Anti-Vaxxers Move the Goalposts After FDA Approves COVID Vaccine

Anti-vaxxers are finding new reasons to object to the FDA-approved vaccine.
Representative Marjorie Taylor Greene, a Republican from Georgia, speaks during a news conference outside the U.S. Capitol in Washington, D.C., U.S., on Monday, Aug. 23, 2021. (Stefani Reynolds/Bloomberg via Getty Images)​
Representative Marjorie Taylor Greene, a Republican from Georgia, speaks during a news conference outside the U.S. Capitol in Washington, D.C., U.S., on Monday, Aug. 23, 2021. (Stefani Reynolds/Bloomberg via Getty Images)

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The Food and Drug Administration’s full approval of the Pfizer-BioNTech COVID-19 vaccine on Monday has boosted hopes that at least some of the millions of unvaccinated adults in the U.S. would change their minds. But right on cue, anti-vaxxer social media influencers and Republican politicians are finding new reasons to oppose the vaccine. 


Even before the FDA gave full approval, Sen. Ron Johnson, a Wisconsin Republican who has for months criticized the outreach campaign to get people vaccinated, argued that the approval process was rushed due to politics.

“I see no need to rush the FDA approval process for any of the three COVID-19 vaccines,” Johnson wrote in a letter to top Biden administration health officials. “Expediting the process appears to only serve the political purpose of imposing and enforcing vaccine mandates.” 

Responding to a speech from President Joe Biden calling on American companies to require vaccines, Johnson tweeted: “No one should be pressured, coerced, or fear reprisal for refusing any medical treatment, including the Covid-19 vaccine.”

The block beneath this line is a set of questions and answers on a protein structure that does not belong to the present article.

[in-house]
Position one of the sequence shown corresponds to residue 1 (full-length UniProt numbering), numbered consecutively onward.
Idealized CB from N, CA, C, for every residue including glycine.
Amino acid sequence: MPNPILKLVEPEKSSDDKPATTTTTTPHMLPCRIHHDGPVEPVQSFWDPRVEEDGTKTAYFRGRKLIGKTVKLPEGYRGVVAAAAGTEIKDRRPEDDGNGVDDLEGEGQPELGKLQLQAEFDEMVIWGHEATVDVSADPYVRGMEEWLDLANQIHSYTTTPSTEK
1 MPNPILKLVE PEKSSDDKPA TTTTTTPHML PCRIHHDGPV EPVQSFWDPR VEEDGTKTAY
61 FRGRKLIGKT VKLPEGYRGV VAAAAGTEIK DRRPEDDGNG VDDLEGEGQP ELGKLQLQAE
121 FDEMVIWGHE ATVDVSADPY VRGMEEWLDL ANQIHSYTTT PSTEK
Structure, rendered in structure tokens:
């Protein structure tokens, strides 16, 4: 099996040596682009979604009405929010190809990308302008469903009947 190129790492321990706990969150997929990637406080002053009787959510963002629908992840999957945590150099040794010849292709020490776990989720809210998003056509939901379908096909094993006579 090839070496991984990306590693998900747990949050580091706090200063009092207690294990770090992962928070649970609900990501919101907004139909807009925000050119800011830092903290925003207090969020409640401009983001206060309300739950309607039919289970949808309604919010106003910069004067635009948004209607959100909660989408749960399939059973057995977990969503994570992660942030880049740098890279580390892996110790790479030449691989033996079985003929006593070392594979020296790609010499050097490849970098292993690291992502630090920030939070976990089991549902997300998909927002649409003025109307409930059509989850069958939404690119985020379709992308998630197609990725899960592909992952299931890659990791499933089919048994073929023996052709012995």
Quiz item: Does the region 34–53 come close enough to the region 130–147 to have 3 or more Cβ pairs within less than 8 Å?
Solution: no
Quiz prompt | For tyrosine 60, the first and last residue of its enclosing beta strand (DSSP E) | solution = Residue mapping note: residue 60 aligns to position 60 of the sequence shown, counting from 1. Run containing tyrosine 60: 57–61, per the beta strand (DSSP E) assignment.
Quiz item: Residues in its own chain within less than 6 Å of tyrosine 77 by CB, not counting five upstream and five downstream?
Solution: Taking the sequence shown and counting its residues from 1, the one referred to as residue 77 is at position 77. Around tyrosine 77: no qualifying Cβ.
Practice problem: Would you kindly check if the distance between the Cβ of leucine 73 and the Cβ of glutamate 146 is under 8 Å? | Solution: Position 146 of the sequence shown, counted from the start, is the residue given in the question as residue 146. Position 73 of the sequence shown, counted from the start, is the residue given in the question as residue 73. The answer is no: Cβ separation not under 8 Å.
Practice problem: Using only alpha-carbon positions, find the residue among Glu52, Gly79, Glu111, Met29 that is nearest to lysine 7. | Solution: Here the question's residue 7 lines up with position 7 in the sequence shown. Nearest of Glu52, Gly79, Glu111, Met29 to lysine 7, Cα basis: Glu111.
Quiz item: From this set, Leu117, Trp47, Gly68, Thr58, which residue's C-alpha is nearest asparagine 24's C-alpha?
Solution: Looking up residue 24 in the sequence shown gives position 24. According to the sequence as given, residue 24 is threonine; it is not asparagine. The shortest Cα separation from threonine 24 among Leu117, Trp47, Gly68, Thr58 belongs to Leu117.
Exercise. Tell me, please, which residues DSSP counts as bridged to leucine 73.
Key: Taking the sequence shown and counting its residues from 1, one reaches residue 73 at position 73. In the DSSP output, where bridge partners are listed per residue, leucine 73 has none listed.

Robert F. Kennedy, a longtime antivaxx activist, echoed Johnson’s complaints about the process. “They know they can’t win this argument on the science and that’s why they had to abolish the public process and independent oversight,” Kennedy tweeted Monday

During a House Freedom Caucus press conference Monday, Rep. Marjorie Taylor Greene—who was recently suspended from Twitter for a week for spreading misinformation about COVID vaccines—called the FDA’s approval process “questionable.”


“The FDA sped it up, and I wonder was it Joe Biden himself making that call to approve the Pfizer vaccine that now, in studies, is showing only 40 percent effectiveness?” Greene said. 

And Peter Navarro, former President Donald Trump’s top trade adviser who has launched increasingly unhinged attacks on public health officials since Trump left office, said the FDA approval was “what caving to political pressure looks like.” 

“Pfizer vaccine is leady [sic] and non-durable and risks are mounting,” Navarro tweeted. “If we had tried to pulled this kind of sh**T in the Trump White...fill in blank.”

Studies, such as the one Greene referenced out of Israel, have suggested that the Pfizer vaccine has been less effective at preventing infections and symptomatic illness from the highly contagious delta variant than it was at protecting people from previous variants. But the Pfizer vaccine—along with those manufactured by Moderna and Johnson & Johnson—has continued to give recipients strong protection against serious illness and death; the same Israeli data showed 91 percent effectiveness in preventing severe illness.


In Massachusetts—one of the most highly vaccinated states—fewer than 500 fully vaccinated people have been hospitalized and 124 people have died from the disease, according to state data—just a fraction of the more than 4.4 million fully vaccinated people in the state. 

Despite the outcry from anti-vaxxers, a Kaiser Family Foundation poll last month suggested that approximately 30 percent of the unvaccinated were more likely to get vaccinated once the FDA granted the vaccine full approval—though the poll also found that nearly two-thirds of Americans already believed the vaccines had been given full approval rather than the emergency use authorizations they’ve been administered under. 

Crucially, the FDA approving the vaccine empowers schools and employers, including federal agencies, to move forward with vaccine requirements. 

Soon after the approval was announced, a Pentagon spokesperson said Defense Secretary Lloyd Austin would implement a vaccine requirement for the military. 

“These efforts ensure the safety of our service members and promote the readiness of our force, not to mention the health and safety of the communities around the country in which we live,” John Kirby told reporters Monday.